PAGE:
-via: I'm afraid that the only way forward—the only way to try and save the organization—is to debase our resource unit. Which is going to be very unpopular. There are a lot of members that have earned higher status. The other idea would be  a protocol upgrade, one that would reduce the rewards for staking souls into the collective, because, practically speaking, we don't have enough resources to back our affective claims within the community.

Winter: How quickly could it be implemented?

-via: It might take months. I don't know if we can handle that. 

Winter: Would it need to be discussed? Sometimes I feel like I understand this consensus—discussion, you know; mediation, community organizing—but it doesn't ever allow for reflection or silence. You never feel the decision.

-via: Exactly. And that's exactly one of the biggest problems: people have invested so much of themselves into the collective. They are losing the capacity for self-reflexivity. Critical thinking. We wanted to create an organizational structure that could encourage emergent and autopoietic behaviors that, at the moment we reach an impasse, becomes the opposite; homeostasis. Well, I guess, in part, we have, perhaps, externalized so much of our memory into synthetic means of making sense of it. We've lost the capacity to appreciate the traces of actual time passing.

Winter: Do you think it's—we've—I can't even say it. Are we forming a cult? 

-via: Well, there are certainly some cultish tendencies that are developing here, related to a lack of capacity to disagree and acknowledge the limitations of our current model. I think that we are not seeing the threat inside The Organization. We are losing people anyway, because they feel detached from what's happening, even though they're still operating by the incentive machine that enables them to express and communicate their belonging to the community. That's may be one of the problems we’re optimized to communicate as the mode of expression; nonmaterial investment.

Rain: I feel like your proposals need to be taken seriously.

Winter: I think we should meet again tomorrow.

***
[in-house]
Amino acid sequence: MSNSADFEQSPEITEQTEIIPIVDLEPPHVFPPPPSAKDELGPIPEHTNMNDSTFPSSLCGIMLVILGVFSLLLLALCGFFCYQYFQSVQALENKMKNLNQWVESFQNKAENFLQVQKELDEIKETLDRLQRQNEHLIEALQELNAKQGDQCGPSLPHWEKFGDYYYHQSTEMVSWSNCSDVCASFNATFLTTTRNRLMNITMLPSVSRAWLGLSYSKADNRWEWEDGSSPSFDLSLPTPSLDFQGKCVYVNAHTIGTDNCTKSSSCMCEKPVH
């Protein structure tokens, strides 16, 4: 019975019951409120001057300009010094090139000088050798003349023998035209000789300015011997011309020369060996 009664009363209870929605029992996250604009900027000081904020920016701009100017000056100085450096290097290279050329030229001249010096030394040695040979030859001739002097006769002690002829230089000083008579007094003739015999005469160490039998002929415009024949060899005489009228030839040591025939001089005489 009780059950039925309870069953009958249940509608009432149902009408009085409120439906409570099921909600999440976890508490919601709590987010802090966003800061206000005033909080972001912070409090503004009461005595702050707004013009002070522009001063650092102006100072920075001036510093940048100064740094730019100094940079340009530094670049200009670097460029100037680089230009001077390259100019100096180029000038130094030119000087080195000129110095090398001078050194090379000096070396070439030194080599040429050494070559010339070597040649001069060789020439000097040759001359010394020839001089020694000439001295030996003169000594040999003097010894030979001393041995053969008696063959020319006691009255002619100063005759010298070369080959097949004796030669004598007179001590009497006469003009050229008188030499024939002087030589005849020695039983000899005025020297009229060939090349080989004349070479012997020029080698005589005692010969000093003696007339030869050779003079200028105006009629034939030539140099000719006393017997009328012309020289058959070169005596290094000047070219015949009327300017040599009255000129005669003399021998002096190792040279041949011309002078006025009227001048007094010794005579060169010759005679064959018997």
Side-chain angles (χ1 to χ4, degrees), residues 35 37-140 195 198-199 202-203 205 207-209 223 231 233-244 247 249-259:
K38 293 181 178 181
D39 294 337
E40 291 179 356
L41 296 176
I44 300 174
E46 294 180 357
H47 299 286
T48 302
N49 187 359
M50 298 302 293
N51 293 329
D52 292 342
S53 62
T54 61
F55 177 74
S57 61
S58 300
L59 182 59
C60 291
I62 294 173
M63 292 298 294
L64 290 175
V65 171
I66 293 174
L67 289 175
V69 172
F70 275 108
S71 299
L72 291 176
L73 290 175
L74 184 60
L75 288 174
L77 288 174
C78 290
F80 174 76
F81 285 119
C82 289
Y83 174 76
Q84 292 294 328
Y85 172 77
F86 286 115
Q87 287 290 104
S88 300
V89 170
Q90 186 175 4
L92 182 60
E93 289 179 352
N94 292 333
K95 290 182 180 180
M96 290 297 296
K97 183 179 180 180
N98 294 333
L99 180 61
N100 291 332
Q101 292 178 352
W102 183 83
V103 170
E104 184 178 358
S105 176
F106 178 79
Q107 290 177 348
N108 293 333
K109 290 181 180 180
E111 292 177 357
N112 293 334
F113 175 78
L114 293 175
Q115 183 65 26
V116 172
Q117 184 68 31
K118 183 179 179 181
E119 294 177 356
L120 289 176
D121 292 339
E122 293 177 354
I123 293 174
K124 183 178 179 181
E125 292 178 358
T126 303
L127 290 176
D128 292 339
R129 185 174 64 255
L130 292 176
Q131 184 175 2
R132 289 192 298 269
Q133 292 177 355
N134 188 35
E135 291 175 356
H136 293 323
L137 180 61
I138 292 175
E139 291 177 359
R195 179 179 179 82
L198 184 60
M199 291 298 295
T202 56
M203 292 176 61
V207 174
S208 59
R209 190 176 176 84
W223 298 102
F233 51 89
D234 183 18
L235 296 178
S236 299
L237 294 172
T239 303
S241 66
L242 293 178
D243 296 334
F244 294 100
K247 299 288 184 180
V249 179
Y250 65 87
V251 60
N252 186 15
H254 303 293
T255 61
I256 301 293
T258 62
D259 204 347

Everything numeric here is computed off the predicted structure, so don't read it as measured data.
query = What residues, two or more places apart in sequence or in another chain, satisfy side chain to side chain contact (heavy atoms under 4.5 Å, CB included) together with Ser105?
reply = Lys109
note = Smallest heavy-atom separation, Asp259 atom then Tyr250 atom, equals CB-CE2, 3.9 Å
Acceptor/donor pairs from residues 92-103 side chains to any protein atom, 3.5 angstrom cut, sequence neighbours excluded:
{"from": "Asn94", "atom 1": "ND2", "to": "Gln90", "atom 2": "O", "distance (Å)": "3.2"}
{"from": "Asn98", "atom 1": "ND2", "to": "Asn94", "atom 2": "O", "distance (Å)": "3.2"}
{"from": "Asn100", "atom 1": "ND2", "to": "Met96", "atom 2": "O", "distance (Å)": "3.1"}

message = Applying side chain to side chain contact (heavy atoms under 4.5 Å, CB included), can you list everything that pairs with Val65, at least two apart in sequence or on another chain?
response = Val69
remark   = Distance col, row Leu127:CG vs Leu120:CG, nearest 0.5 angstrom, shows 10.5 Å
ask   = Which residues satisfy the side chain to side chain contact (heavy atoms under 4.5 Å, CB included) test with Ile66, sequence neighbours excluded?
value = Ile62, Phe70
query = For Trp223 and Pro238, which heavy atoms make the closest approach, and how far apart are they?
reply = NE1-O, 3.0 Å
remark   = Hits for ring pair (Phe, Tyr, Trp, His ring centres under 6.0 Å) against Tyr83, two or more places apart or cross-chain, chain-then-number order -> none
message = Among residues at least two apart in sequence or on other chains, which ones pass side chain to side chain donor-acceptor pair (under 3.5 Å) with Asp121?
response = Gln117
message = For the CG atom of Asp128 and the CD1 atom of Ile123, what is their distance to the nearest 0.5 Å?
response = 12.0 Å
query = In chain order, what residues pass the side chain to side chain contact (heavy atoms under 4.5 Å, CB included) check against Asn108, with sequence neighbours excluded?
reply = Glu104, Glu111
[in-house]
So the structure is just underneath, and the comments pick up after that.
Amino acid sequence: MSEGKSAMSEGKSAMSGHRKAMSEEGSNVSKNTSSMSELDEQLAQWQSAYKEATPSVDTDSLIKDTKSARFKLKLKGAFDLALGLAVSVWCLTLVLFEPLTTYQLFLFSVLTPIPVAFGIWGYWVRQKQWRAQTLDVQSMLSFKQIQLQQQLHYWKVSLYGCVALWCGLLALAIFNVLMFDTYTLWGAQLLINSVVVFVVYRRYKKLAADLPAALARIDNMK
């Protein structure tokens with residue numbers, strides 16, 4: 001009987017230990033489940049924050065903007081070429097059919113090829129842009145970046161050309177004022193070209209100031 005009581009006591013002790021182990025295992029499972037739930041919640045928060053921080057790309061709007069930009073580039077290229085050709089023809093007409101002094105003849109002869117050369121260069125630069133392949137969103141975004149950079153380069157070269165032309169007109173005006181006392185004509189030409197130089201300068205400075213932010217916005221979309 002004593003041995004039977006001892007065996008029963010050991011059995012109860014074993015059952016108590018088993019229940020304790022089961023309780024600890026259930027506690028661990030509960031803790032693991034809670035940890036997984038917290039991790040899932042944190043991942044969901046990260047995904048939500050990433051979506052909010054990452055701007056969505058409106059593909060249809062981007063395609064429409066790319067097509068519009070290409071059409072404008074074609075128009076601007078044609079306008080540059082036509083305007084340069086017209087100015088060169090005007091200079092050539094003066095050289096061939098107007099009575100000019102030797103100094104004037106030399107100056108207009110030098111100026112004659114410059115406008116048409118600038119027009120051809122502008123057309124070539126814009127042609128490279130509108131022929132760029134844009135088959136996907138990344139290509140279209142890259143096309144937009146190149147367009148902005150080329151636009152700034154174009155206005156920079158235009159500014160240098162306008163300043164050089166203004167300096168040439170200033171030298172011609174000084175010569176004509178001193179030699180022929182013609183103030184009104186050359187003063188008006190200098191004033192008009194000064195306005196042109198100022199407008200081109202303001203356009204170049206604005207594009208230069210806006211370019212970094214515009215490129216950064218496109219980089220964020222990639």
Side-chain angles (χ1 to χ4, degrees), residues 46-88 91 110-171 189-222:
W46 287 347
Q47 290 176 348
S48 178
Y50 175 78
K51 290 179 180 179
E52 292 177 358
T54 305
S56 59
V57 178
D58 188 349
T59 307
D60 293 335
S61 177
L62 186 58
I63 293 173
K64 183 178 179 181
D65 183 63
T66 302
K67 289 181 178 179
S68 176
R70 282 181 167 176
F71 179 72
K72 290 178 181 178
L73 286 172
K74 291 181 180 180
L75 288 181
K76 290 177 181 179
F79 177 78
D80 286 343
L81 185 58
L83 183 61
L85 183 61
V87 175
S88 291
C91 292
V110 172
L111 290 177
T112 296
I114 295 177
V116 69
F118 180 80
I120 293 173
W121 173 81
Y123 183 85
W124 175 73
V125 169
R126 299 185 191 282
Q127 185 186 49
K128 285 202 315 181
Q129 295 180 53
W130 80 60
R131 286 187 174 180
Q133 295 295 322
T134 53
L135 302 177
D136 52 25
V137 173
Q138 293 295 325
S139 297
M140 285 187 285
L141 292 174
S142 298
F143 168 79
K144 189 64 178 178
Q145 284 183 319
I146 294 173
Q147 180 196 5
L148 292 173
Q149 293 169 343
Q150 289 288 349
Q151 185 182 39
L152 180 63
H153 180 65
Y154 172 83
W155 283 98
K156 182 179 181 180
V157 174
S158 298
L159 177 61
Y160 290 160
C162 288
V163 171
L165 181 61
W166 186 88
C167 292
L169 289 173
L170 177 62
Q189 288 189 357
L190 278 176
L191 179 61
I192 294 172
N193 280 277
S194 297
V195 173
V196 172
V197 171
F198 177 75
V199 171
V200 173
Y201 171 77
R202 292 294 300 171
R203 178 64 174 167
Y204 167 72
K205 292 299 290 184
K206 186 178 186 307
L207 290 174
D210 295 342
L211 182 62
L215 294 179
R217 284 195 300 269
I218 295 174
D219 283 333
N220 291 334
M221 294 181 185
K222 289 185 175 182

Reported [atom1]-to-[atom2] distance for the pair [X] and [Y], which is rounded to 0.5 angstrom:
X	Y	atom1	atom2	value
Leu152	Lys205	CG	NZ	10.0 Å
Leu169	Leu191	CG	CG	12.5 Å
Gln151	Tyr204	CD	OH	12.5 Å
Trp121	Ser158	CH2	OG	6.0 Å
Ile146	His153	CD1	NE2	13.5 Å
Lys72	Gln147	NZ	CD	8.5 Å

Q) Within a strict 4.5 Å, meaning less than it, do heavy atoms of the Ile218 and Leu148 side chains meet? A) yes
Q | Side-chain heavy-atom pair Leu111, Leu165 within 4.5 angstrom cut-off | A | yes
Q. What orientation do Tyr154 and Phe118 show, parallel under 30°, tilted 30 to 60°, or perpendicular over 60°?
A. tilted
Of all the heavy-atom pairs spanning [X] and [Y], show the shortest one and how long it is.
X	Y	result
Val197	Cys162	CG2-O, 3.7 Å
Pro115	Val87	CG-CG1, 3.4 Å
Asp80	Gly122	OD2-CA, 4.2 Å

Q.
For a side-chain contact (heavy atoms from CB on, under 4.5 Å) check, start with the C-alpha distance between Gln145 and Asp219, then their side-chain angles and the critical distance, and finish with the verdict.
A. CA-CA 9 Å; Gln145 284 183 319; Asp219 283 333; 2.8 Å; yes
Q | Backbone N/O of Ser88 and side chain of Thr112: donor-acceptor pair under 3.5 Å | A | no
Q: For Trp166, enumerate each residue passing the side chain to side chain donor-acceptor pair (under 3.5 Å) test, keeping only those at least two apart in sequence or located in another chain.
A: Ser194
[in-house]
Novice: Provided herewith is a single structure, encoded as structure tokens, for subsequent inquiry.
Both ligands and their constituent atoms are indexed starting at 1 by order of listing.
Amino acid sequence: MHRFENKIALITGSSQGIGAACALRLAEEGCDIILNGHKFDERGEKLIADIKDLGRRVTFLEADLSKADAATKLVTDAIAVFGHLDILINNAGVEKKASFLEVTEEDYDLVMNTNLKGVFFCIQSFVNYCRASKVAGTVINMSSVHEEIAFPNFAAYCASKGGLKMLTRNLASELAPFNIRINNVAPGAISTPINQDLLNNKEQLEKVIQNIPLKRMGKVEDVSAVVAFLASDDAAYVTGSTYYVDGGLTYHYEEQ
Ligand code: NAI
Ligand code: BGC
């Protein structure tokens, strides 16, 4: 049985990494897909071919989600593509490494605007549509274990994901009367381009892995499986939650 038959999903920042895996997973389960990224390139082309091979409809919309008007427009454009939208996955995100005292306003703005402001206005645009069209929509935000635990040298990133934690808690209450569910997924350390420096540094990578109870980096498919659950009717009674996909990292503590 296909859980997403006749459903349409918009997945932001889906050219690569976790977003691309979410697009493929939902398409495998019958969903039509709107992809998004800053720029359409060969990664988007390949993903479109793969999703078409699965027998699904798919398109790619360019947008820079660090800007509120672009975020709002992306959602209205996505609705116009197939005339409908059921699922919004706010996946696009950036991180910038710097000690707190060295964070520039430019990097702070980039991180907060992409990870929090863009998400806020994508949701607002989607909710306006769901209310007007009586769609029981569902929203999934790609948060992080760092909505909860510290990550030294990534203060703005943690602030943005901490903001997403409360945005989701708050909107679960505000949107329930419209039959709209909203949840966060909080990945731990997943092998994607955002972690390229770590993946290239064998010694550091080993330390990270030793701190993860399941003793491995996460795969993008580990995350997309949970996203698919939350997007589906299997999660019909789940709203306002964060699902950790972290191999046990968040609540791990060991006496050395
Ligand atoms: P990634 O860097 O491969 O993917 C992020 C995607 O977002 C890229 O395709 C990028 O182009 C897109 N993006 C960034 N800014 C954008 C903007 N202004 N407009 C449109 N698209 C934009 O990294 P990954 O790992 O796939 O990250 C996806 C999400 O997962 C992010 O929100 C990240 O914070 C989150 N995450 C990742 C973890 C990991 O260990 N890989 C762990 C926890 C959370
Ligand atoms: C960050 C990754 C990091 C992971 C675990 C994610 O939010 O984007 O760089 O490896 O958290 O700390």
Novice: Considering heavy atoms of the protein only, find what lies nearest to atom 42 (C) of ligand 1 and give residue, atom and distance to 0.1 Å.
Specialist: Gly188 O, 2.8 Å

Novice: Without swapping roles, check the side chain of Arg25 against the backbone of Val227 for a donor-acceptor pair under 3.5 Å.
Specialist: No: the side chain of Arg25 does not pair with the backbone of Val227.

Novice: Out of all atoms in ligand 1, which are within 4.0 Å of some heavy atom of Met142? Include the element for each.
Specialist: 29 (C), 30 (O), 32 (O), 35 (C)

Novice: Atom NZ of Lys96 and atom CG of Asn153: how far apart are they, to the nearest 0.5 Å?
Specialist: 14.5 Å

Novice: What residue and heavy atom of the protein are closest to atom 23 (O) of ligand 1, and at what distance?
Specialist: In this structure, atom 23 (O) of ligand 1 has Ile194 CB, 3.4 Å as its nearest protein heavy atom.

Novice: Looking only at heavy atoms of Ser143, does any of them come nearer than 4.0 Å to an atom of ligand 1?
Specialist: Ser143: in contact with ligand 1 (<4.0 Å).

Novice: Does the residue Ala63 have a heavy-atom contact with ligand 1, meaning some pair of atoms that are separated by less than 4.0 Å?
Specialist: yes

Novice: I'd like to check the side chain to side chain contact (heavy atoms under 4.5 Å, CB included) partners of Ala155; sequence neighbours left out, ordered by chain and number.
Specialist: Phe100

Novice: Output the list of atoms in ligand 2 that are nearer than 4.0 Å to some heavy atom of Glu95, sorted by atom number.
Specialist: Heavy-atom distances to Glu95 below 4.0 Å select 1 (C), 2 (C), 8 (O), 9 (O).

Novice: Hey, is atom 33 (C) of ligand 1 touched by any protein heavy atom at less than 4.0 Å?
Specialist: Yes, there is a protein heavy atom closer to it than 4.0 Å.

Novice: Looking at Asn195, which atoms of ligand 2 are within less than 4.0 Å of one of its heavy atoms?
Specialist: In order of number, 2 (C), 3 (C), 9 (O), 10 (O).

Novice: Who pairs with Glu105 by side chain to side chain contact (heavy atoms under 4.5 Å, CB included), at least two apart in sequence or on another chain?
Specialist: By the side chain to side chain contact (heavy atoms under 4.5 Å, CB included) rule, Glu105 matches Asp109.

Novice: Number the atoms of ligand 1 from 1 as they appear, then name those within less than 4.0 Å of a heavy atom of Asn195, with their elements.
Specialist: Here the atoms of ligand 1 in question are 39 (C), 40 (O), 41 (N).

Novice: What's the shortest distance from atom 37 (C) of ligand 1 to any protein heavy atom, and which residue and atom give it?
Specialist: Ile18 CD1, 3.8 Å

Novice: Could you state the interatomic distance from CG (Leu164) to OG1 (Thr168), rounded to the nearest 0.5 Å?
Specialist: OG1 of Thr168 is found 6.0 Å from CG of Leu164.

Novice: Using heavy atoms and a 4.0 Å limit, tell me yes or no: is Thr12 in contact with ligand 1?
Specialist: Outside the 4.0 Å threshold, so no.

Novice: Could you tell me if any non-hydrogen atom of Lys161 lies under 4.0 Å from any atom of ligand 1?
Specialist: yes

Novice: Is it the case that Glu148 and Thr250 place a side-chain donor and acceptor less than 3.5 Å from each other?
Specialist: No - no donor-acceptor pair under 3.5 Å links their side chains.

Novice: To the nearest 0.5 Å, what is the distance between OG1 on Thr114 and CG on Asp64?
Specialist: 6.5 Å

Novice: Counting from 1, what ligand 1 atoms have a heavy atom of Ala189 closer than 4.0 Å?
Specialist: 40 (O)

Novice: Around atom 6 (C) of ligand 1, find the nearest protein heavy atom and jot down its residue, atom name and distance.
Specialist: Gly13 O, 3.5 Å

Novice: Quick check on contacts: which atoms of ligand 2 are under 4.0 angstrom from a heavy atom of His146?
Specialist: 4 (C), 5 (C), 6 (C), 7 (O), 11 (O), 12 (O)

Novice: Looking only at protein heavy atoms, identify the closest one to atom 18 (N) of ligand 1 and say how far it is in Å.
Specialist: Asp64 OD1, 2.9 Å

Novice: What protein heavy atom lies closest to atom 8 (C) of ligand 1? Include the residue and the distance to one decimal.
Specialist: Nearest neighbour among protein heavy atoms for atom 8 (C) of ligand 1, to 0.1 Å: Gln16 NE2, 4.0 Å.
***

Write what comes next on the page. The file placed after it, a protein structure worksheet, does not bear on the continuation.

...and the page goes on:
-via: I agree. It's so important.

Winter: Thank you so much.

-via exits the limousine 

Winter: The Economist had some good points.

Rain: I think that the proposals she brought are definitely more legible to me than the ones by the Games Affinity Group.

Winter: It feels like they might be lost.

Rain: I think that they're just tearing each other apart. They don't understand that Order and Chaos co-condition…

Winter: Games are competitive, by their very essence.

Rain: But they wanted to create a non-competitive game.

Winter: They wanted to create an infinite game, but infinite doesn't necessarily mean non-competitive.

Rain: But that's what they said at the beginning.

Winter: I mean, capitalism was supposed to be an infinite game, with finite resources. They all believe. They all want, and they all desire. They all want to manifest this new world. I didn't feel like any of them were bad actors or bad players. But the system is rigged against them… 


Winter: Staying sane in a system of insanity.

Dial-in call to car phone


Time: 8.47am

Location: ∞ route, Berlin

Members onsite: Winter, Rain, Tatum Wilke

Affinity group: The Vibeswatchers and Endists

Tatum Wilke: I am living offline now. I'm trying to write myself a spiritual autobiography. I write to leak, to bleed, to mummify. The act and depth of my writing tells me if I am capable. Every unnecessary lie is another way to build a person, spiking on a socio-polygraph. Can literature close the gap on genes?

End of Transcript

Time: 9.00am

Location: The Ritz Carlton Potsdamer Platz 3, 10785 Berlin Germany


The film "Alienation and Charisma" by Omsk Social Club and the text by Laura Lotti were curated and commissioned by GameChanger, a project that explores contemporary mindsets and practices of self organization in the arts. GameChanger is a collaboration between the Curatorial Collective for Public Art and SUPERMARKT Berlin, realized with the kind support of HauptstadtKulturFonds.

    Alienation and Charisma 2022, Photographer Mark Hunt. Courtesy of Omsk Social Club.